Last year was a year of firsts.
Two of them revolved around Bermuda.
My first cruise, and my first time in Bermuda.
A place I had dreamt of, and last year the dreaming and the waking met. And it was all I could want and more. Much of the more was wondrous, but some of it, a bit, felt mournful, and bitter sweet, and touched with something not unlike dread.
Don’t get me wrong, Bermuda is a ravishingly beautiful island, and I enjoyed immensely my cruise, and enjoyed immensely Bermuda. It’s pull on you is strong and deep and abiding, and there is a reason Ex-pats make Bermuda their home. No one goes to Bermuda and does not feel the forlorn desire to make one of its lovely pastel colored, and tropic of capricorn tinged, houses… theirs.
Buf it is a desire mitigated typically by two things. One is well known and rational: finances. Bermuda, I knew even before arriving, is an expensive place to live.
But the 2nd reason people have for not calling Bermuda home, is one probably few ever put into words, or look at too closely… and one I myself did not know until being in Bermuda… but it is the sense of the world as being too close to you and ineffably too far.
Something too subtle and lightly felt to be called fear, but there is something about the isolation of Bermuda and the endless encroachment of the sea, and the pervasiveness of the sky, that makes you aware of the precariousness and preciousness of life.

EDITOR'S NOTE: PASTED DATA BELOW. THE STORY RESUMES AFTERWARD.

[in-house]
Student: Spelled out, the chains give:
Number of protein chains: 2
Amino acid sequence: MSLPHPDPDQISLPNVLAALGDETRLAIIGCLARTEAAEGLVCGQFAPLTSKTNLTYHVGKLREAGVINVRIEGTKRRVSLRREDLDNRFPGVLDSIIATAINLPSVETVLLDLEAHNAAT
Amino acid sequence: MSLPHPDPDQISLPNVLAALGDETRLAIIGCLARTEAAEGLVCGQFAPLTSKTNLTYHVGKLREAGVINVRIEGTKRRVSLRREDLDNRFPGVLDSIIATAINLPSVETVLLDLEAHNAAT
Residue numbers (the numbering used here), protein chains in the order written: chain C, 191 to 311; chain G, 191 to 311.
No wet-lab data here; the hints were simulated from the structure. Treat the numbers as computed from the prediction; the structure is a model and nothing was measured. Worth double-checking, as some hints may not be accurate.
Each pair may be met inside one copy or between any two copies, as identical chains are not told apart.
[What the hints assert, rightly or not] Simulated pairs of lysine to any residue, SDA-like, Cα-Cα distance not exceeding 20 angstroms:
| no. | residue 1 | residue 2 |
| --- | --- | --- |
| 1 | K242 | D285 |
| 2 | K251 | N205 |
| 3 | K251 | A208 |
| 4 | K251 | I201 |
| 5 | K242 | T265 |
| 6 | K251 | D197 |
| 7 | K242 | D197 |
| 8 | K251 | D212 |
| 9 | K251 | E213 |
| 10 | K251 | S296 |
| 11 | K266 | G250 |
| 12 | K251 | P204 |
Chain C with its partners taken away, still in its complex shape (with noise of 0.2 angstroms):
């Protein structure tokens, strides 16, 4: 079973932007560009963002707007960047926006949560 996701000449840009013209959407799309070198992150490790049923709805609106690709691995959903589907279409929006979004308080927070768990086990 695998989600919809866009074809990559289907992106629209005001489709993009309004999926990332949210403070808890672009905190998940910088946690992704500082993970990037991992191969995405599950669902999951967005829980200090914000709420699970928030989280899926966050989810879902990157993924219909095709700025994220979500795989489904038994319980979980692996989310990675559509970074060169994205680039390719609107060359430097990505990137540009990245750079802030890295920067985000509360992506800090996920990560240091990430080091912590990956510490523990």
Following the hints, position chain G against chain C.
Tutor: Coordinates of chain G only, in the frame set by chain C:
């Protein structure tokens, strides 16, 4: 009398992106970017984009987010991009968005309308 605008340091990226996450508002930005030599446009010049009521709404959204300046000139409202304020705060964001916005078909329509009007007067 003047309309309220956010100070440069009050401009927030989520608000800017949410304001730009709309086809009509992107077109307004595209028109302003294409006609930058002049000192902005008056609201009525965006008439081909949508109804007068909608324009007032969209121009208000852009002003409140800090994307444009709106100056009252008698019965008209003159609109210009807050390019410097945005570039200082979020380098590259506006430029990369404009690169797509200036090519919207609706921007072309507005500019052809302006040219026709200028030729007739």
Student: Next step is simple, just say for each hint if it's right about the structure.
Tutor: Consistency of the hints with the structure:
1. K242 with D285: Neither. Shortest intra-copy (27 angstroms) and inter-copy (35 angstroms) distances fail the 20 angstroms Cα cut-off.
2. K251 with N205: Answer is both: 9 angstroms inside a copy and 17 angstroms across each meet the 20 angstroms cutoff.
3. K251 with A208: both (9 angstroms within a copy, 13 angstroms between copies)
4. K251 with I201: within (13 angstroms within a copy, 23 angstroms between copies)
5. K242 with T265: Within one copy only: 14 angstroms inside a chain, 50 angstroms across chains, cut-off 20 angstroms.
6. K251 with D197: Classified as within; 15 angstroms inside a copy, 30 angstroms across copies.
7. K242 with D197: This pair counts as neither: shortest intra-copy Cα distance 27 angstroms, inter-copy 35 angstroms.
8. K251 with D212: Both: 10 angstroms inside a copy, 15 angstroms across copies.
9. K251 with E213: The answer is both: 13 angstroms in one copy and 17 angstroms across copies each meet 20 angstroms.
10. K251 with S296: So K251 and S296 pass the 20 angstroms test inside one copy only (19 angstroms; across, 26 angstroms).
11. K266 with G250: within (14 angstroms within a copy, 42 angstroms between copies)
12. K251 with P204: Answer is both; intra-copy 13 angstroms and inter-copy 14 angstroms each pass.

Bermuda is an island that has been shrinking for thousands of years, the peak of a massive volcanic eruption that was born when man was but a dream. Recent rising tides, perhaps tied into global warming and the melting of the polar icecaps, are rising faster, and today an island that once was over 200 square miles in landmass, is down to 27 square miles. Less depending who you believe.
To stand on an empty, craggy Bermuda beach and look out at the relentless sea, is to feel the turning of the world, and the ephemeral nature of the works of man. We will all return to the sea eventually, no matter where we live; it is just that on Bermuda ‘eventually’ feels closer.
That and the fact that the small grouping of islands called Bermuda is 700 miles away from everything and virtually everything Bermuda requires has to be shipped in, and suddenly the paradise that is Bermuda, gives way to the eerieness of the Bermuda Triangle.
I dreamt of Bermuda, and I dream of it still, those pink sands, and blue skies, and pastel houses, but my dreams now are of returning to visit; Living there long term is not for me.
But that is what Bermuda is best at, giving you the moment… the dream.
I dreamt of Bermuda.
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